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Procedural Benchmarks for Common Fabrication Details in Plate/Shell Structures




















This report, presents outcomes from the Education and Dissemination Workshops held at Noordwijk and Palma on October 2003 and March 2004 respectively. The results from a ‘round-robin’ exercise, completed as part of this activity, are also documented. These workshops and the ‘round-robin’, examined the procedures used in various industry sectors for the modelling and assessment of common fabrication details in plate/shell construction. The primary aim of this exercise was to examine "best practice" in modelling and assessing such detail (with general shell elements) and to disseminate this to the FENET membership and beyond. However, the ‘round-robin’ was seem as an excellent opportunity to examine such practice and to observe resulting educational and quality assurance related issues.

It was anticipated that the unique forum provided by FENET would provide an excellent basis for these studies. As part of this work package, three ‘procedural benchmarks’ were developed to reflect some of the modelling issues relevant to fabricated structures. These benchmarks and selected reference solutions, will provide a worthwhile educational resource. The benchmarks also formed the basis of the ‘round robin’ exercise. While the benchmarks have many of the characteristics of traditional benchmarks, they differ in that they are designed to focus on some of the modelling issues that analysts are faced with and the various procedures adopted in the analysis and assessment process.

Section 1 of the report provides a brief overview of the various workshops involved in this study, as well as some background to the topic area. The specifications for the Procedural Benchmarks and pro-forma results forms are presented in section 2. These should provide a useful reference for any organisation intending to use them as part of, say, a staff development programme. Observations from the ‘round robin’ are included in section 3 and these detail some surprising results. In the first two benchmarks about half of the respondents provided results which suggested that they had made modelling errors. In the third example, only two out of ten respondents realised that this is a nonlinear geometric problem. Whilst some contributions were no-doubt completed under time pressure, it can be argued that this is a reflection of the everyday industrial environment for many engineers. The resulting levels of human error and lack of results checking, for what some might regard as simple case studies, must be of wider interest and concern. The general spread of results arising from the different modelling and assessment strategies should also be of interest. The outcomes certainly confirm the ongoing role that organisations such as NAFEMS have, in ensuring quality and promoting the education and development of analysts and engineers. Hopefully the educational and quality implications from the study will provide some impetus to general activity in this area. It is interesting to reflect on the fact that the same exercise and same general conclusions, could probably have been made 30 years ago.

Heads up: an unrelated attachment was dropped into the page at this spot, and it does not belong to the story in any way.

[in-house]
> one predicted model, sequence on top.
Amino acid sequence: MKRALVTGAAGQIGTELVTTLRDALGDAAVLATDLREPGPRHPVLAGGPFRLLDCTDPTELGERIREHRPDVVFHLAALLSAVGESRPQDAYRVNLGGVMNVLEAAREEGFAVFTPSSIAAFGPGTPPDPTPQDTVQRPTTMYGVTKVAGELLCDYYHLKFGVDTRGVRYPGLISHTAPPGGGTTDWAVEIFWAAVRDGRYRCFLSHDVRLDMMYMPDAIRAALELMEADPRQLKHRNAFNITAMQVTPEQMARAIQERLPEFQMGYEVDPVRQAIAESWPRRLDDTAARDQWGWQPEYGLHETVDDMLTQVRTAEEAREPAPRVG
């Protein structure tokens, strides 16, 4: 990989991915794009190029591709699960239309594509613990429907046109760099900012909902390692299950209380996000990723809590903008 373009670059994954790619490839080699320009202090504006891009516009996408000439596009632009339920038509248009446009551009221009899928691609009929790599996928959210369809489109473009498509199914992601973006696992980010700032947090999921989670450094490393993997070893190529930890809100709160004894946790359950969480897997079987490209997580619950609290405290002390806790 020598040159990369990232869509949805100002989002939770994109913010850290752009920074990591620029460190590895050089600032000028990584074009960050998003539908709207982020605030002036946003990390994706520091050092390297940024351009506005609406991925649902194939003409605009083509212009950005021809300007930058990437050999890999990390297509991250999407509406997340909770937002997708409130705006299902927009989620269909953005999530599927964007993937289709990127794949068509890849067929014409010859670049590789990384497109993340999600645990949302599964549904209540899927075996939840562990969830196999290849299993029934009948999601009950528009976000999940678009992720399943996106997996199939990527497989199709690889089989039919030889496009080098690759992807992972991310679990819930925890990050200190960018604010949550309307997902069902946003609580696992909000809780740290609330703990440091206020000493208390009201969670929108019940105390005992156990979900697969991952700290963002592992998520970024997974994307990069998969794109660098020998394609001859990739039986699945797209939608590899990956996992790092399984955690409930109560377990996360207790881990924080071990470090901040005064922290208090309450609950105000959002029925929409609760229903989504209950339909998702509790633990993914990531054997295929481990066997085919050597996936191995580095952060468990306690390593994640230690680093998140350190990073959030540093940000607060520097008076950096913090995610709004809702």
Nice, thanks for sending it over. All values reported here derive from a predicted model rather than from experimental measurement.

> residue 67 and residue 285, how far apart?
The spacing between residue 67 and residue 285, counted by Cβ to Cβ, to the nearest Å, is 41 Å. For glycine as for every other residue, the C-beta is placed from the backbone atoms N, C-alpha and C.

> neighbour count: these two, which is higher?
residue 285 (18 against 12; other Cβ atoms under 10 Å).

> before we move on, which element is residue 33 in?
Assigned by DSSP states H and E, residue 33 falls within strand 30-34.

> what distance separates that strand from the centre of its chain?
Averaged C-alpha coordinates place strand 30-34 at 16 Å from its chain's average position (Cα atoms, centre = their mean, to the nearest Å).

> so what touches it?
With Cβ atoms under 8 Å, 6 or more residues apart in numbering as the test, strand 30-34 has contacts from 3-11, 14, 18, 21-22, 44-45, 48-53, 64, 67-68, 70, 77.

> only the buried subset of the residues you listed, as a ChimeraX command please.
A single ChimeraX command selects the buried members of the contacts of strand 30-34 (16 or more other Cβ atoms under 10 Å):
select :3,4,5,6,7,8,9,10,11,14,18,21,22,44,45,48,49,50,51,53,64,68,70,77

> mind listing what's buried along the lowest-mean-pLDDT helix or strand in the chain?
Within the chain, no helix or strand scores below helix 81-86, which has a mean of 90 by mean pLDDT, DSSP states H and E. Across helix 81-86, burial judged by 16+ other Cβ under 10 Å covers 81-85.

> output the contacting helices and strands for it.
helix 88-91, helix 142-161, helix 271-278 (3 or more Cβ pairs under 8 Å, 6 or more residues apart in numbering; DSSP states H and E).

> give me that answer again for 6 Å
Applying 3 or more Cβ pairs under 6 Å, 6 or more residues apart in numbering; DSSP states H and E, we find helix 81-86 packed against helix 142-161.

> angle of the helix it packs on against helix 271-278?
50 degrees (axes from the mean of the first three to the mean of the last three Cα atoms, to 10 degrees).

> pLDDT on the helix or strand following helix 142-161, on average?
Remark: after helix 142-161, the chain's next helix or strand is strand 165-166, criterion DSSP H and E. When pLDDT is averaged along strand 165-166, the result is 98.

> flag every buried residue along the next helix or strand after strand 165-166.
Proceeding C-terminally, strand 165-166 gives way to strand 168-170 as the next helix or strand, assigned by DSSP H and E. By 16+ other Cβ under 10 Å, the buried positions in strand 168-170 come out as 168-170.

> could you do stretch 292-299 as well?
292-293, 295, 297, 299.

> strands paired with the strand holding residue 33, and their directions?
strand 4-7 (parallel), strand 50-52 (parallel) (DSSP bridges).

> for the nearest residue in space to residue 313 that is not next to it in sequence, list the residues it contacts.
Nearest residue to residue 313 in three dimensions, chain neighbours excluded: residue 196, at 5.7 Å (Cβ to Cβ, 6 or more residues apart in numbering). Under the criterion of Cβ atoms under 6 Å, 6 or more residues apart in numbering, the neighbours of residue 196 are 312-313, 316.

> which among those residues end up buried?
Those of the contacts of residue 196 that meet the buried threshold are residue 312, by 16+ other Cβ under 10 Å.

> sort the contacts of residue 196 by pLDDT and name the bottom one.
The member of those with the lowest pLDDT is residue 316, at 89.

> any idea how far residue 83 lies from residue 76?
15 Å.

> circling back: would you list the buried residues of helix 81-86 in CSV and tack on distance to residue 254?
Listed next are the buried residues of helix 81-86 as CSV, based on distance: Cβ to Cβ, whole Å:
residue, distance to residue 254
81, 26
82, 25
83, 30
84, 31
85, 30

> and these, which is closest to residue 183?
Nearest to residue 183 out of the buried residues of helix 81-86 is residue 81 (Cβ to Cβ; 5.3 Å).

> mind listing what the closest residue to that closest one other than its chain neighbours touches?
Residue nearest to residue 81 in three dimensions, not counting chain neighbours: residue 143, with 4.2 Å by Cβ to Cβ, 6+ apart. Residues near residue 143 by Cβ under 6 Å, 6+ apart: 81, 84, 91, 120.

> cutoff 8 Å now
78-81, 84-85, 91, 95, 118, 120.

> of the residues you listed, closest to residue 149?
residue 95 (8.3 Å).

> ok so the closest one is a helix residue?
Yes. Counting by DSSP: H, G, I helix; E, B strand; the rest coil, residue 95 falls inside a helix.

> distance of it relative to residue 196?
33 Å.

Selected reference solutions for the benchmarks are presented in sections 4-6 and these include an examination of the main issues identified in the benchmarks. The main issues selected for examination were:

  • The modelling and assessment of intersections;
  • The modelling of reinforcement plates;
  • The modelling of offset shell midsurfaces.

All of the details include welds and the modelling and fatigue assessment of these are obviously an integral part of the whole exercise. Assessment of the results from the benchmarks was made according to various industry standards and this is also reported. The appendices to this report, provides some useful background reference material on the modelling of welds and also some interesting observations on the modelling of plate/shell intersections.


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About

J. Wood

First Published - March 2005

Softback Report - 66 Pages